Metals prices on the rise including nickel, copper, gold and iron ore

A range of metals have made price gains during trading this week including nickel, which shot up by 5% yesterday as a supply shortage forced traders to pay huge premiums to get access to the strategic metal.

Benchmark nickel on the London Metal Exchange (LME) reached US$23,220 a tonne on Wednesday on the way to an 11-year price high. Nickel is up around 11% this year after rising 25% in 2021 and 18% in 2020.

The metal is coveted by electric vehicle (EV) manufacturers owing to its properties in boosting energy storage in a battery’s cathode, which in turn extends an EV’s range. Last week, major auto maker Tesla signed a nickel supply deal with US miner Talon Metals Corp, as it seeks to gain strategic access to the in-demand metal.

Elsewhere, the copper price rose on Wednesday based on stimulus hopes in China. Delivery contracts for March were trading 2.3% higher at $9,856 a tonne on the Comex market in New York.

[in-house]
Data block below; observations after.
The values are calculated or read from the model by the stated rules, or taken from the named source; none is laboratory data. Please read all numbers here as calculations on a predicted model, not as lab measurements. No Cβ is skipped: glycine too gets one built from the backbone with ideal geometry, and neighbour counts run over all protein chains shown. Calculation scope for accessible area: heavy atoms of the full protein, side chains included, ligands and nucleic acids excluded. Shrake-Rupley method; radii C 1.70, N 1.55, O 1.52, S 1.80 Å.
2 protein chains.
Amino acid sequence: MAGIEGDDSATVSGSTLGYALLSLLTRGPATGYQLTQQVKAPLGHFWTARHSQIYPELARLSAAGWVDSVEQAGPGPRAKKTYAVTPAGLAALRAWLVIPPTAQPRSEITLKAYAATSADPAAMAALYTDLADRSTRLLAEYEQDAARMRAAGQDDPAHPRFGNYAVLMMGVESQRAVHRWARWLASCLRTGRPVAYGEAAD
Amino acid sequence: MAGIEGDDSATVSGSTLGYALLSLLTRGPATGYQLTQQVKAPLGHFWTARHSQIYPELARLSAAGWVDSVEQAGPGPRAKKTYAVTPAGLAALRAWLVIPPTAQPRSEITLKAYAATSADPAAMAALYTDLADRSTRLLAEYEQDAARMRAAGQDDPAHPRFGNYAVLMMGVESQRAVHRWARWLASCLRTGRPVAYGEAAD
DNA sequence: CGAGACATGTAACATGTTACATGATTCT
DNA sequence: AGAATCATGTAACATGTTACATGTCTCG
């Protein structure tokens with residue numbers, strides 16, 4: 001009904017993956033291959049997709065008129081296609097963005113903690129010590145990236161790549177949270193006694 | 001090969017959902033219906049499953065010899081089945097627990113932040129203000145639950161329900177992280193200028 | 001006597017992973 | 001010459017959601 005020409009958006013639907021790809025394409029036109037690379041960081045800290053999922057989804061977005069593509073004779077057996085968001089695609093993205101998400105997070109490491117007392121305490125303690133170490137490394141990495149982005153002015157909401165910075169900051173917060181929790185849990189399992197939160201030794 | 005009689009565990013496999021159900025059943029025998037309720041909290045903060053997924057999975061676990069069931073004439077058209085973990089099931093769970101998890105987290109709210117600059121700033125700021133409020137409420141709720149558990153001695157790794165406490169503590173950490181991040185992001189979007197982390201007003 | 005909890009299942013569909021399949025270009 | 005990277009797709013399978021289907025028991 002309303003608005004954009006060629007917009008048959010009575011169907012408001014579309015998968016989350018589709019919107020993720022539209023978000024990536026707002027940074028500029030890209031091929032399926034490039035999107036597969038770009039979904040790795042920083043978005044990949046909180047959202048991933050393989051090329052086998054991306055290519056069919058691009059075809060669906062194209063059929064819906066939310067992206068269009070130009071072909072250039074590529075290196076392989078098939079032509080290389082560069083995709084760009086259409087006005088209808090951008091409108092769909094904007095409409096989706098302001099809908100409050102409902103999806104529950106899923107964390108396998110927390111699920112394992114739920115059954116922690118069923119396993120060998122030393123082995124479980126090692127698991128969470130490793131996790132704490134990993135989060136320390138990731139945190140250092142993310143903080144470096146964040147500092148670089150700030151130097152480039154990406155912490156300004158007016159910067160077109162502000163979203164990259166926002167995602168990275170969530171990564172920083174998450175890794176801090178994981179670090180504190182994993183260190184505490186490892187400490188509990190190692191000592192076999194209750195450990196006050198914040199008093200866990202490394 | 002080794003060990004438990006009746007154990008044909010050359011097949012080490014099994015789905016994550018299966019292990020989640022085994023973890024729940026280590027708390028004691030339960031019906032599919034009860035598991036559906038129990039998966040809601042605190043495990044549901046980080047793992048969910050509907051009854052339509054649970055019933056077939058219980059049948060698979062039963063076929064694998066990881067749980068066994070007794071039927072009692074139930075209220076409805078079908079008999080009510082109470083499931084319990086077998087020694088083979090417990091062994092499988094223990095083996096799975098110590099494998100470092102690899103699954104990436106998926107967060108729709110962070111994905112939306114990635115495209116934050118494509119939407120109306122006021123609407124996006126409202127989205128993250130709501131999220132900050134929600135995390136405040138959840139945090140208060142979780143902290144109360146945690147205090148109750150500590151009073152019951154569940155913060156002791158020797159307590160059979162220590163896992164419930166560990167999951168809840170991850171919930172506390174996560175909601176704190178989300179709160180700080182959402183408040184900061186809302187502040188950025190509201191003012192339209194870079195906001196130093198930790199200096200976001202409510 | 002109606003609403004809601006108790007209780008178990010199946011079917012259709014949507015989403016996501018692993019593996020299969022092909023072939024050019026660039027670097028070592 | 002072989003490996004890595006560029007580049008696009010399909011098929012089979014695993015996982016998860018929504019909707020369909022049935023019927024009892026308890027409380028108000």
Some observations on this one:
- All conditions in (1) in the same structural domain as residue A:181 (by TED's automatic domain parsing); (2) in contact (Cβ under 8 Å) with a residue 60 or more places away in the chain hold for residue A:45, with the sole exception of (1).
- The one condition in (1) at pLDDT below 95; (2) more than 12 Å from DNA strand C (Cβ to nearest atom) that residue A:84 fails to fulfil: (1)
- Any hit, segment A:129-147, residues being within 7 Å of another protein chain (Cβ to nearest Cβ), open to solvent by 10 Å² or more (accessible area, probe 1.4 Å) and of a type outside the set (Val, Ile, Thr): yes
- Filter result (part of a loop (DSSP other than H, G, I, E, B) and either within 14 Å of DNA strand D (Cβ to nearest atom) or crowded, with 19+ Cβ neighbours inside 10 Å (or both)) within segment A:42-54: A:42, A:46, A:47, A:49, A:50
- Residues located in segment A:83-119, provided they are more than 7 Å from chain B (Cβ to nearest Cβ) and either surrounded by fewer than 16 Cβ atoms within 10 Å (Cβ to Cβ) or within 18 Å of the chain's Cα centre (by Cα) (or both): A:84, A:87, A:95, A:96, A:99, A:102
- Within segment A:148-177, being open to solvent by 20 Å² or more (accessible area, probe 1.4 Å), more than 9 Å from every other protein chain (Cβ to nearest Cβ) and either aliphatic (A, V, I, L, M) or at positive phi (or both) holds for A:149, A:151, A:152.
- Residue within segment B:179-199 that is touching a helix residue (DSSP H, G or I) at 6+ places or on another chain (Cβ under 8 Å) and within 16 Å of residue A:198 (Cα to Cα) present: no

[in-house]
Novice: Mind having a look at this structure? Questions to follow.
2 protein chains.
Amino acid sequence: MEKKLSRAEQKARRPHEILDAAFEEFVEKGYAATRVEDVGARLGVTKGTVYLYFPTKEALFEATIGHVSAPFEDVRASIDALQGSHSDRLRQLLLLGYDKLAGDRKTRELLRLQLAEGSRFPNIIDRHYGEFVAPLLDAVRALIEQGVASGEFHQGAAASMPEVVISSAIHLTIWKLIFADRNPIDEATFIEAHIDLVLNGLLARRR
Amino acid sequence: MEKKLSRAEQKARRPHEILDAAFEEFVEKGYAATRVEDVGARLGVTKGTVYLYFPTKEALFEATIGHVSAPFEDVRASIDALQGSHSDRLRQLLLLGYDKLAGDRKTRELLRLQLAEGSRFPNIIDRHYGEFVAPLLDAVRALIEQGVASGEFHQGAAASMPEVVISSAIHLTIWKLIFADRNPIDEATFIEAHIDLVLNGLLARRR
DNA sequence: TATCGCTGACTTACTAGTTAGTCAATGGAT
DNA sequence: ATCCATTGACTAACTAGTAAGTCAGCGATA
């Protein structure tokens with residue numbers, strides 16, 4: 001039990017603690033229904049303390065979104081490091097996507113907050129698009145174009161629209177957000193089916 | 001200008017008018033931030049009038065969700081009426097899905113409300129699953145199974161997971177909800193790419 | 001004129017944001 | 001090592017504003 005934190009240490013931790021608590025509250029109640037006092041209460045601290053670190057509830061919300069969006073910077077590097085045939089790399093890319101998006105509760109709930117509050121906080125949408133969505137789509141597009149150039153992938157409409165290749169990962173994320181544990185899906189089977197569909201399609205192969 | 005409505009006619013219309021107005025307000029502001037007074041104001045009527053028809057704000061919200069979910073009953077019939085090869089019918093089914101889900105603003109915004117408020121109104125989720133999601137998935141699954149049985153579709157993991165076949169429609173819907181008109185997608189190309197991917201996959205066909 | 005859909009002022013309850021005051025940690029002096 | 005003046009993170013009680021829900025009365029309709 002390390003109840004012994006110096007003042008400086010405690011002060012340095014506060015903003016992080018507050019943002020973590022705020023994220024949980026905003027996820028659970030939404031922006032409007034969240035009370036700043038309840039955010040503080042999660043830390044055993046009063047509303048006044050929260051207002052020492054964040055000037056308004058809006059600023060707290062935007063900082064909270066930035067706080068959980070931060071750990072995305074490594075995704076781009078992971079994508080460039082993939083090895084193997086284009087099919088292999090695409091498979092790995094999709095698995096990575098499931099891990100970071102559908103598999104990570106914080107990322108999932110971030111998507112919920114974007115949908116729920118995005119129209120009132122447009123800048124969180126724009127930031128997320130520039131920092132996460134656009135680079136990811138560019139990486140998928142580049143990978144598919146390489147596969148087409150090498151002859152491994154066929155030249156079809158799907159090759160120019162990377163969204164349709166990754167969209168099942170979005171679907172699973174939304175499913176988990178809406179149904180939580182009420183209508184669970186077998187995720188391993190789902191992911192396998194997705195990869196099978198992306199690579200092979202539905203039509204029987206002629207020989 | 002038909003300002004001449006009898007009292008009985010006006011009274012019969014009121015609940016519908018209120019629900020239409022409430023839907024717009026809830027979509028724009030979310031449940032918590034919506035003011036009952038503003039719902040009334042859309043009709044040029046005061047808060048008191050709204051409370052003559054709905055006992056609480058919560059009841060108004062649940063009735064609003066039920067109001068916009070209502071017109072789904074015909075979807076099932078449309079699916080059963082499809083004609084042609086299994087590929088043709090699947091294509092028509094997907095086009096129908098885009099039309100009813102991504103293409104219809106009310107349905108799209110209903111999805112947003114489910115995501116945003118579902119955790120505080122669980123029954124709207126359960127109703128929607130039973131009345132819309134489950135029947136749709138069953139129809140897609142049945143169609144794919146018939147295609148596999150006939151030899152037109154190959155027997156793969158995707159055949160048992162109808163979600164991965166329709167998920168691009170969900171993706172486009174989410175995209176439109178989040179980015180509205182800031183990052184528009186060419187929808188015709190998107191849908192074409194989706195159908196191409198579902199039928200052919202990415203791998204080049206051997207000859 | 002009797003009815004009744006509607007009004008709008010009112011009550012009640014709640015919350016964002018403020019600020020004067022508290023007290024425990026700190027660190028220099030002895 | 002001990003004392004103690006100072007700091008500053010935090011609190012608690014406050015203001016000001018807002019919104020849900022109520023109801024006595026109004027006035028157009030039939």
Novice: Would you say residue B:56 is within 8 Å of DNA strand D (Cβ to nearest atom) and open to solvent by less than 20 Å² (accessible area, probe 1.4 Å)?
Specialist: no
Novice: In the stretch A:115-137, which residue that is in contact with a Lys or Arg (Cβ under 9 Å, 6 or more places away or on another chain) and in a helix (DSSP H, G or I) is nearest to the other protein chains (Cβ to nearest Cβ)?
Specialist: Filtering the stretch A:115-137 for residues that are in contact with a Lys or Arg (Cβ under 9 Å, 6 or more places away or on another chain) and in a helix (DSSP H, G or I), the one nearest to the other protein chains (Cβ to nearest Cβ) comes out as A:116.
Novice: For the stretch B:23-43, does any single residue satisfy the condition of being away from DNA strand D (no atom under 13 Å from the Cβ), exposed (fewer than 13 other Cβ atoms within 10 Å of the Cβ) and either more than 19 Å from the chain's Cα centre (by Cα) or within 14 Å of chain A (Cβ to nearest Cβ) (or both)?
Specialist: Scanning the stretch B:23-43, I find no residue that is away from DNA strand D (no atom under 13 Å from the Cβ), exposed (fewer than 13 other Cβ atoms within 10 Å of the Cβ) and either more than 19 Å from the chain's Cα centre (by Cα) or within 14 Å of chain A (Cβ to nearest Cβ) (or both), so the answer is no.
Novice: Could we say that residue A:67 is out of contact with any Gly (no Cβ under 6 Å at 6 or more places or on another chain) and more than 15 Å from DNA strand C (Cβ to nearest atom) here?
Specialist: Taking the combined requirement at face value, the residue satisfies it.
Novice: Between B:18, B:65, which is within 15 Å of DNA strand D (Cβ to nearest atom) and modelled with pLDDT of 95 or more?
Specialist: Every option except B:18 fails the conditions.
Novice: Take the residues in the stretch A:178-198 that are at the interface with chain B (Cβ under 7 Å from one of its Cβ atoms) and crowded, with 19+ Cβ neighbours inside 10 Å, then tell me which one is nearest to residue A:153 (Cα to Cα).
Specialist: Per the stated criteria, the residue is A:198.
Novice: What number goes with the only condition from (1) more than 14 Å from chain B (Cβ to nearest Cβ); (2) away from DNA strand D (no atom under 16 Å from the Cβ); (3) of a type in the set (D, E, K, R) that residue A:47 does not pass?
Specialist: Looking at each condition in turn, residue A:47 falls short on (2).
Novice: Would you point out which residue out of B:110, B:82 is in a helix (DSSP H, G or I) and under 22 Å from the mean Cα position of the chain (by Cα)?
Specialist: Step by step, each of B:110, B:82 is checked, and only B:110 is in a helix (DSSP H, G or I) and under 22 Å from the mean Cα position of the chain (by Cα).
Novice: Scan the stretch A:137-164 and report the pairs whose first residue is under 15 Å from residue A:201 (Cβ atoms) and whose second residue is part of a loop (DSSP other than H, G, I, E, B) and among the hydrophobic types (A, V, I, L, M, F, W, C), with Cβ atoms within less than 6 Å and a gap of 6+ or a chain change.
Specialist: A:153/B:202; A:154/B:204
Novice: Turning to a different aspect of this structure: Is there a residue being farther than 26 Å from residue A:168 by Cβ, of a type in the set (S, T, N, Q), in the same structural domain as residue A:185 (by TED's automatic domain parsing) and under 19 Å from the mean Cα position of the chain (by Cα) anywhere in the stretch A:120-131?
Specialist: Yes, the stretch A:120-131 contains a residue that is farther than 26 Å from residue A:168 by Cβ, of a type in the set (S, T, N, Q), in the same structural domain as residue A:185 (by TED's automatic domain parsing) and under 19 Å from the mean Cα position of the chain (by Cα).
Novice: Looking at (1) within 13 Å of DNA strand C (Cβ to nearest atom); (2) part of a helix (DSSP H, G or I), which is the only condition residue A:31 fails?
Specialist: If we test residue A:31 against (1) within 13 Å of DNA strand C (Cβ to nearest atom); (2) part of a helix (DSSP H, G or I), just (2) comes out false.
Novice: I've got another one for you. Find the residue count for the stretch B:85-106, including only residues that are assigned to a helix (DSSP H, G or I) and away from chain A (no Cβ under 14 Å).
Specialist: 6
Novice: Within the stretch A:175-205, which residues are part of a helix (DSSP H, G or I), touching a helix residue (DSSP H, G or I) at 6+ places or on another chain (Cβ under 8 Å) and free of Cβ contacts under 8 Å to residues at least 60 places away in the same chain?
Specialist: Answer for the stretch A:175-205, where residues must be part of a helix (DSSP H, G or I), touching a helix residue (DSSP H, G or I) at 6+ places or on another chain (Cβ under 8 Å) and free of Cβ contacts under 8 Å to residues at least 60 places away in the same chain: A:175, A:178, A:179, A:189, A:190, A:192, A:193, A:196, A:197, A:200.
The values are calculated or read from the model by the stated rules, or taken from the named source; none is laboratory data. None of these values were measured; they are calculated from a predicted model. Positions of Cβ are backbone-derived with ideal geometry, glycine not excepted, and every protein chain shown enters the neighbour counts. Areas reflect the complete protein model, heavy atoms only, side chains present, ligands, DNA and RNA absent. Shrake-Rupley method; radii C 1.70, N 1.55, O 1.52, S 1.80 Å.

The economy of China, the world’s biggest metals importer, has suffered from a slowdown in recent months which has led to the central bank this week cutting its policy interest rate for the first time in almost two years, signalling the beginning of an easing cycle.

The iron ore price also benefited from China’s policy shift, with futures in Singapore exceeding the $130 a tonne mark after a 3% climb.

Gold prices also rose to their highest in two months as yields fell across the US Treasury curve and the dollar weakened. Gold has mostly held above $1,800 per ounce in January.

The broad-based price highs in the commodities market this week comes after BlackRock’s Evy Hambro declared that prices may stay high for decades as miners struggle to keep up with demand for metals essential to the clean energy transition.